badge-4Library Loot is a weekly event co-hosted by Claire from The Captive Reader and Sharlene from Real Life Reading that encourages bloggers to share the books they’ve checked out from the library. If you’d like to participate, just write up your post-feel free to steal the button-and link it using the Mr. Linky any time during the week. And of course check out what other participants are getting from their libraries.

Happy Wednesday everyone! Hope you all are staying safe and healthy.

As I mentioned last week, we are under lockdown, and all libraries are closed. I wrote a little bit about how we are doing in this post here. 

But thankfully, ebooks and audiobooks are always available!

Claire has the link-up this week

Here’s what I got from our virtual library this week!

Pigs Might Fly – Nick Abadzis

All the sensible hogfolk in Pigdom Plains know that if pigs were meant to fly, they’d have been born with wings but there’s no convincing Lily Leanchops. The daughter of renowned inventor Hercules Fatchops, Lily has watched her father’s flying machines fail time and time again. Working in secret, Lily is trying to build what her father couldn’t: an aircraft that actually works. And of course, she’s following his example and employing scientific principals alone, not magic. (Well, a protection spell or two doesn’t count, right?)

Lily’s secret project takes on a new sense of urgency when a mysterious enemy emerges from beyond the mountains. The Warthogs are coming, and they’re piloting flying machines powered by dangerous magic spells. To save Pigdom Plains, Lily must take to the skies in her own experimental aircraft and there’s no time for a test run.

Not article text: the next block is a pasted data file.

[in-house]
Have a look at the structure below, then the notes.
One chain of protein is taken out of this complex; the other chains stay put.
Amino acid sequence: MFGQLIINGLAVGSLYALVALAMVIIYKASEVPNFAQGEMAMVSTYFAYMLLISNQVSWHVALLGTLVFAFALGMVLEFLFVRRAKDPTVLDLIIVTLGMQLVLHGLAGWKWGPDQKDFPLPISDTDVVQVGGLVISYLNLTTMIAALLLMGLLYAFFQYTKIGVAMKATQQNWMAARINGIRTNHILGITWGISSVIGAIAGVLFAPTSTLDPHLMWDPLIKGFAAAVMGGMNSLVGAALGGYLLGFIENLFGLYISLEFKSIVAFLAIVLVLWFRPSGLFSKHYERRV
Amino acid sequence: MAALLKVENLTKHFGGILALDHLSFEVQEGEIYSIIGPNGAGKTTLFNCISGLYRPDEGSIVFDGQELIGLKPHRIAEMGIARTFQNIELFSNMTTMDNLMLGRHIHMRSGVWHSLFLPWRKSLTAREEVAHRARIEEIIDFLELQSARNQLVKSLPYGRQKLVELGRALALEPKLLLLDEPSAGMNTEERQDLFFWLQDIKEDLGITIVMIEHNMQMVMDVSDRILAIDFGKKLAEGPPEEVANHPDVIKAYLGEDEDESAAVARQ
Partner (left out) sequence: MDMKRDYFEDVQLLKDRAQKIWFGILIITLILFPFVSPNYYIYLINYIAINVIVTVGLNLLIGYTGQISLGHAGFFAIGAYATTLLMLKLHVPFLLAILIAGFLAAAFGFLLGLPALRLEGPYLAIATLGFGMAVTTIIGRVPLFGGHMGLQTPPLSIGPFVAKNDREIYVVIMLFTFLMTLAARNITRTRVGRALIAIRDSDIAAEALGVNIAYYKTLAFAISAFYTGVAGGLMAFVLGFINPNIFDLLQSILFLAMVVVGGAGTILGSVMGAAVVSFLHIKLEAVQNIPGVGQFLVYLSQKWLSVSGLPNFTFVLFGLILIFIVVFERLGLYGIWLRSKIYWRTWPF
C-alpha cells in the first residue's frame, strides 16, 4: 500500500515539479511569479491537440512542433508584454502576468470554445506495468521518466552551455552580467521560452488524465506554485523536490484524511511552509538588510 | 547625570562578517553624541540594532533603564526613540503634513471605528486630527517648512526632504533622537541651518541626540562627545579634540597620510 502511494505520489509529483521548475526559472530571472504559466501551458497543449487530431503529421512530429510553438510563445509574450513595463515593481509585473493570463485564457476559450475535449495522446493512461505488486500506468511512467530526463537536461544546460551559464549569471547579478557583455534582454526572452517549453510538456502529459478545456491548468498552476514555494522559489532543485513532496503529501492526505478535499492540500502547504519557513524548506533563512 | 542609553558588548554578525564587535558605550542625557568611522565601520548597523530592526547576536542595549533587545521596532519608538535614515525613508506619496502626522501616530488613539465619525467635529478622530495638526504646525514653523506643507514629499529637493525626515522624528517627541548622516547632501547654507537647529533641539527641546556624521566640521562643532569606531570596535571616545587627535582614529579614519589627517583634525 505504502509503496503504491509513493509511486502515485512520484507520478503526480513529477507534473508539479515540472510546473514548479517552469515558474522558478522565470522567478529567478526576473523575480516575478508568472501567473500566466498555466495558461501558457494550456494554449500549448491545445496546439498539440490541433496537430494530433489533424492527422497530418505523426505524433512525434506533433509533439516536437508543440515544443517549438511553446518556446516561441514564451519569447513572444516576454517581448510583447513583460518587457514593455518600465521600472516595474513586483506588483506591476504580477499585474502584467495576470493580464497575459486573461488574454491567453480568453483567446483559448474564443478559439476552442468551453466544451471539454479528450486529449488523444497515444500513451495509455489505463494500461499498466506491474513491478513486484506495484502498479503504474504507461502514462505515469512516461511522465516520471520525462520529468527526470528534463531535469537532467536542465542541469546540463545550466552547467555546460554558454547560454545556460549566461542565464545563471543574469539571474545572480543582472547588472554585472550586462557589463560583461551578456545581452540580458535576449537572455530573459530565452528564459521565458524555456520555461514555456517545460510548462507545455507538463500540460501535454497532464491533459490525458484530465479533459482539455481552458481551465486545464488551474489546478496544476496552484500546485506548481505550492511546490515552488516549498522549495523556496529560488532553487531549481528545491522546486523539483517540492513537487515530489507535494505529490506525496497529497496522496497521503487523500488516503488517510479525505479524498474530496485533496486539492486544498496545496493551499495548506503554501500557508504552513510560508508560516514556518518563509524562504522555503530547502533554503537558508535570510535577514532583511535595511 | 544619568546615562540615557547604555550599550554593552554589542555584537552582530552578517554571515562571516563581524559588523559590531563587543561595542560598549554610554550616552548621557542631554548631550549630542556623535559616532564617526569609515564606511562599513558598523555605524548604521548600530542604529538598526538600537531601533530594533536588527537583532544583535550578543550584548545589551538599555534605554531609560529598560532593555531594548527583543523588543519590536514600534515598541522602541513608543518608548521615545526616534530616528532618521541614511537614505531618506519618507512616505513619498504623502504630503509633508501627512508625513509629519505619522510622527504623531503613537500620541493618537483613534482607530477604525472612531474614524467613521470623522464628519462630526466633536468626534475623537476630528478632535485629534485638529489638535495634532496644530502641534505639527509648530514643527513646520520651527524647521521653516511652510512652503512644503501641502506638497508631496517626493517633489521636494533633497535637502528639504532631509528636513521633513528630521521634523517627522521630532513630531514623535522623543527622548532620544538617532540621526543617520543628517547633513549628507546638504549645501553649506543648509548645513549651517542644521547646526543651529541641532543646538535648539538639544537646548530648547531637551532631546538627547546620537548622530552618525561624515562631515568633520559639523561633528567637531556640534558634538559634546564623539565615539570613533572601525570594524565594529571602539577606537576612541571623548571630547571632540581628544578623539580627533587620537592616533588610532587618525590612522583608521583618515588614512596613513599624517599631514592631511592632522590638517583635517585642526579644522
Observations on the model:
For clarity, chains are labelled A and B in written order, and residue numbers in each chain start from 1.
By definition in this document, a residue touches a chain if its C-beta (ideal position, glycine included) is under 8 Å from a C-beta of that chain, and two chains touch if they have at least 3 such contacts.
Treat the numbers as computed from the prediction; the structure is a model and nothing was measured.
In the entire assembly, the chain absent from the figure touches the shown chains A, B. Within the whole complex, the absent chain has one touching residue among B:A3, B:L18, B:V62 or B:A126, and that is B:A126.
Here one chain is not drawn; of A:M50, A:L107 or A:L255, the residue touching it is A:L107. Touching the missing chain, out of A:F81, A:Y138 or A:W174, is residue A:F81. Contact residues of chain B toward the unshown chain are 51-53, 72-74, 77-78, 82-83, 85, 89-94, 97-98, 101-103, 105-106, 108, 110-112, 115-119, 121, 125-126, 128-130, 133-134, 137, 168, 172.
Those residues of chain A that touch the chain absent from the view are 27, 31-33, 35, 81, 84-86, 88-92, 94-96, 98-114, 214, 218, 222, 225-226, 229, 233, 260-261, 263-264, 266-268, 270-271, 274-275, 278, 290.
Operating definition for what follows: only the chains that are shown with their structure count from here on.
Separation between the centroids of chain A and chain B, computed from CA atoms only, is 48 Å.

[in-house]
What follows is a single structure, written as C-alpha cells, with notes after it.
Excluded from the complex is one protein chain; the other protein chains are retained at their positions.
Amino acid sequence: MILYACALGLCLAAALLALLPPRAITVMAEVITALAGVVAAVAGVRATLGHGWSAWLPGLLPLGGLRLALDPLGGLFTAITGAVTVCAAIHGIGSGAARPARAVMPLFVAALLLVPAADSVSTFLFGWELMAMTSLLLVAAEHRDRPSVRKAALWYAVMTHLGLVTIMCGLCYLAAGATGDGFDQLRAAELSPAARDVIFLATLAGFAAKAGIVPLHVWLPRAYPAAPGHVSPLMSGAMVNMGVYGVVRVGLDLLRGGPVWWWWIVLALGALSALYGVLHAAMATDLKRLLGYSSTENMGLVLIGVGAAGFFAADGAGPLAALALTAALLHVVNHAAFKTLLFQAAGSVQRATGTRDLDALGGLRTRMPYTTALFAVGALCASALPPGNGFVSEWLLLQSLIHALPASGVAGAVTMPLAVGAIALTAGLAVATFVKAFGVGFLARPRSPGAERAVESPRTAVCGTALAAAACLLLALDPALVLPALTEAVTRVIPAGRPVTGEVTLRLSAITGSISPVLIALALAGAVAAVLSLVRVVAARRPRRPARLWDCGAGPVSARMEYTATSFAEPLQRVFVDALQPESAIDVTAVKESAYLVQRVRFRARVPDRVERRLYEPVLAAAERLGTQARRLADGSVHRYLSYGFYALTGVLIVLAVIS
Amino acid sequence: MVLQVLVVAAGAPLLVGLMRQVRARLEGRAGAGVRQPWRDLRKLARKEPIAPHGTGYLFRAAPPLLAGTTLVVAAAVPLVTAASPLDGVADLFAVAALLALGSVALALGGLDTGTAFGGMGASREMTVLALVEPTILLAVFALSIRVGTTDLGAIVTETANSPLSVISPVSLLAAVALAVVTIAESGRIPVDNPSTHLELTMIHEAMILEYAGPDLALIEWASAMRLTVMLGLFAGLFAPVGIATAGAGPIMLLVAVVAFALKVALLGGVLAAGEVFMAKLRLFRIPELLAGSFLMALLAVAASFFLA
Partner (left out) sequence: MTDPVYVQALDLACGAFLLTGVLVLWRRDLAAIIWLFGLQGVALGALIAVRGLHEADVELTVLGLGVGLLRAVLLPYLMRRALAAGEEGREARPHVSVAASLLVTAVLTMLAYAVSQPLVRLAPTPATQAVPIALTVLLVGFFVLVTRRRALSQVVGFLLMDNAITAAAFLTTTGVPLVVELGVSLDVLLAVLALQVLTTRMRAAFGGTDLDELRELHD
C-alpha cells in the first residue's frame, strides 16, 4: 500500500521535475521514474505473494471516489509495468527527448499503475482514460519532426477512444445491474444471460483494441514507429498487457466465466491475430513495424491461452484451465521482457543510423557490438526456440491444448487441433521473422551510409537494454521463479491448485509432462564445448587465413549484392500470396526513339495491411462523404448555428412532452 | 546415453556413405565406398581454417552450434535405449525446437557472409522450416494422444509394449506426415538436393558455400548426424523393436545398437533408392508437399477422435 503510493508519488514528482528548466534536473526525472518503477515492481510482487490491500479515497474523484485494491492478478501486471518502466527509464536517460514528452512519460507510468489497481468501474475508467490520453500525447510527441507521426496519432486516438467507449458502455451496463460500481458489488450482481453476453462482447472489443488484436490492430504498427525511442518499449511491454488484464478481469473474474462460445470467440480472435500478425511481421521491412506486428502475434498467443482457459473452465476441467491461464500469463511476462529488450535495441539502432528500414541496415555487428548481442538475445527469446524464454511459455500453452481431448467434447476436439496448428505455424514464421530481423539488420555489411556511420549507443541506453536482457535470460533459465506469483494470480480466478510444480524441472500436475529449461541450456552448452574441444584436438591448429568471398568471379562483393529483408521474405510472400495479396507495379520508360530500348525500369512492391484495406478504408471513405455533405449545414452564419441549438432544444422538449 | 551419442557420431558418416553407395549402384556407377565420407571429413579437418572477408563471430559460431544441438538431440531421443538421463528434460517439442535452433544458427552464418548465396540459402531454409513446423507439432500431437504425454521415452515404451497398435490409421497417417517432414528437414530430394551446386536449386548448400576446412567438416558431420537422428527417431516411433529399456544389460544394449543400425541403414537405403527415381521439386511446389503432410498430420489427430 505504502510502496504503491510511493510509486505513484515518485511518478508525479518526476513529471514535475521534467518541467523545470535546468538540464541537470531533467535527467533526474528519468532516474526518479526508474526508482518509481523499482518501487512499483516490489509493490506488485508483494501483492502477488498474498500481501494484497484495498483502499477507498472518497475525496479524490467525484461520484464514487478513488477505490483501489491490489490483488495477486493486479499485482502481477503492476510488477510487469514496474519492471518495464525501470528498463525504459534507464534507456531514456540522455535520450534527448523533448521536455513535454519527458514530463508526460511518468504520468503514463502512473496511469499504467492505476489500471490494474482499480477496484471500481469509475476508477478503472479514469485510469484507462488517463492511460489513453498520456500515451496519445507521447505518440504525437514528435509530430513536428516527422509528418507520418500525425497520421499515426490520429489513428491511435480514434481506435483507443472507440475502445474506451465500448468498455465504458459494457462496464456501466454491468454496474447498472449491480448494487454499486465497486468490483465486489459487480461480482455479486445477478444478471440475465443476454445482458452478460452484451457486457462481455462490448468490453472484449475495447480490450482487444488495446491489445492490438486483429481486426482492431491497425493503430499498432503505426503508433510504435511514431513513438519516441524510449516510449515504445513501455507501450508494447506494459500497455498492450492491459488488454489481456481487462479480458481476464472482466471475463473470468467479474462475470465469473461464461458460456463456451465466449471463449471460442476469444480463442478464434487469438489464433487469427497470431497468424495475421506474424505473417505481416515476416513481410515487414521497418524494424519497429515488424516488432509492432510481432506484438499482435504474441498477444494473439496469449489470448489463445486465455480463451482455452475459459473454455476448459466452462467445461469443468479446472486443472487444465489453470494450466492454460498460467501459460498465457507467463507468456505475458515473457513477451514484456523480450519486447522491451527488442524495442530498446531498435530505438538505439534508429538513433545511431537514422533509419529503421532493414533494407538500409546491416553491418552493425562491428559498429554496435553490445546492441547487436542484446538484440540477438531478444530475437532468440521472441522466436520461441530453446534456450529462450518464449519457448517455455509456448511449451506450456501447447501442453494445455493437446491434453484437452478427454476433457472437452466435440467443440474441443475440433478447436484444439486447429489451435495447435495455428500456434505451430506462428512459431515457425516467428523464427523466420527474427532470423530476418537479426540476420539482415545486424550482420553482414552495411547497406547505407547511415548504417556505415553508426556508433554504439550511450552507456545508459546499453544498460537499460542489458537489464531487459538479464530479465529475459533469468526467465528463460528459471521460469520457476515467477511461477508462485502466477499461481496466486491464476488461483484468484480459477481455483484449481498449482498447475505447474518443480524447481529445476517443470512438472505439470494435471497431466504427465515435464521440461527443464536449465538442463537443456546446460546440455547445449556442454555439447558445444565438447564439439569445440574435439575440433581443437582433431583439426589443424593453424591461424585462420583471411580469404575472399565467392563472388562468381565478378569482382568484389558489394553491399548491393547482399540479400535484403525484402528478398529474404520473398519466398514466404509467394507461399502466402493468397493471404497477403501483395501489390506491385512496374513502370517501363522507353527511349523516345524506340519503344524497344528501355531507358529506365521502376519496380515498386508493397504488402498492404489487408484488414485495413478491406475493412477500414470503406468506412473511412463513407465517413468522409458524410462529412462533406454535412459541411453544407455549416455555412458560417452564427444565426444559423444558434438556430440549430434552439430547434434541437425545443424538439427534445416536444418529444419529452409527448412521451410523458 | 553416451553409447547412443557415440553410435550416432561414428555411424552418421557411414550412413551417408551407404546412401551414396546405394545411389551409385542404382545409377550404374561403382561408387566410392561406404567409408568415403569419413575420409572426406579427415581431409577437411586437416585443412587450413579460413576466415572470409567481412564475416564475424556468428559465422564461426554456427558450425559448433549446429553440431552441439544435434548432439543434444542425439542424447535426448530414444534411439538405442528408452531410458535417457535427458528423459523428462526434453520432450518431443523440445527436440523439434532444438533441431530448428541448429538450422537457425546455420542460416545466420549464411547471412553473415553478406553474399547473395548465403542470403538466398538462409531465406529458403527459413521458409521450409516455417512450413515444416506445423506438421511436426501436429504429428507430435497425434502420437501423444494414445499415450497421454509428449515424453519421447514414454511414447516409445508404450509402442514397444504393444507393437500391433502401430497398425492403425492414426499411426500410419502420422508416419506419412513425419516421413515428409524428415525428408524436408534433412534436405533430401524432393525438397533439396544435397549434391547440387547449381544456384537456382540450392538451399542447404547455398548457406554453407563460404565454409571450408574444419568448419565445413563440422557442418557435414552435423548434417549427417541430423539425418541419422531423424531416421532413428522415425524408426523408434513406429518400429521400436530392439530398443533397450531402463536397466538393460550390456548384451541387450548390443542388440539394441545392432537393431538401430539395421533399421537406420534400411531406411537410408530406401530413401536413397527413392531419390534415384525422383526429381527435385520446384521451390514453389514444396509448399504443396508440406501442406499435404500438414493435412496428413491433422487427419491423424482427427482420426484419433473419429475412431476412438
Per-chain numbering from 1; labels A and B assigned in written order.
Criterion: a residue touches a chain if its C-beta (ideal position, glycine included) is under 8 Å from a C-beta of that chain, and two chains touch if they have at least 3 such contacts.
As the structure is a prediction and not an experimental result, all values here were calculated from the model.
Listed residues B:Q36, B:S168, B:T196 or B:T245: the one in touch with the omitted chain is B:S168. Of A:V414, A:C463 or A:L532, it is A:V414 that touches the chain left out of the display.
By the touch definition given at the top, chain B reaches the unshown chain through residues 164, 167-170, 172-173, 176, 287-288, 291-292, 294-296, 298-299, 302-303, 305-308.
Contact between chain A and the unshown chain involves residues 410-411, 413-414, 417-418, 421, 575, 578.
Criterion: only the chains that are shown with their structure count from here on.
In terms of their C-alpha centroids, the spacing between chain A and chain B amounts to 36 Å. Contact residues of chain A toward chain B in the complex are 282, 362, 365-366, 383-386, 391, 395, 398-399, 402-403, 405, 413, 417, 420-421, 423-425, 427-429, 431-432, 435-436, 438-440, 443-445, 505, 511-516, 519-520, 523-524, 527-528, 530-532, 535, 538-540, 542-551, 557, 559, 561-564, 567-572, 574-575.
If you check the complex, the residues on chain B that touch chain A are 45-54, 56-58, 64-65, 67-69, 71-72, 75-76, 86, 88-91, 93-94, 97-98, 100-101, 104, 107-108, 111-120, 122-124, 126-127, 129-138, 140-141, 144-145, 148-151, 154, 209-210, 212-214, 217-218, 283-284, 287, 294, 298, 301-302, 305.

Darius the Great is Not Okay – Adib Khorram

Darius Kellner speaks better Klingon than Farsi, and he knows more about Hobbit social cues than Persian ones. He’s about to take his first-ever trip to Iran, and it’s pretty overwhelming–especially when he’s also dealing with clinical depression, a disapproving dad, and a chronically anemic social life. In Iran, he gets to know his ailing but still formidable grandfather, his loving grandmother, and the rest of his mom’s family for the first time. And he meets Sohrab, the boy next door who changes everything.

Sohrab makes sure people speak English so Darius can understand what’s going on. He gets Darius an Iranian National Football Team jersey that makes him feel like a True Persian for the first time. And he understands that sometimes, best friends don’t have to talk. Darius has never had a true friend before, but now he’s spending his days with Sohrab playing soccer, eating rosewater ice cream, and sitting together for hours in their special place, a rooftop overlooking the Yazdi skyline.

Sohrab calls him Darioush–the original Persian version of his name–and Darius has never felt more like himself than he does now that he’s Darioush to Sohrab. When it’s time to go home to America, he’ll have to find a way to be Darioush on his own.


What did you get from your library this week?


It’s Monday and it’s the start of week two of shelter-in-place


Week one got off to a slightly rocky start with us all getting used to homeschooling (the husband had already started working from home the week before that).

I posted a little bit about that here.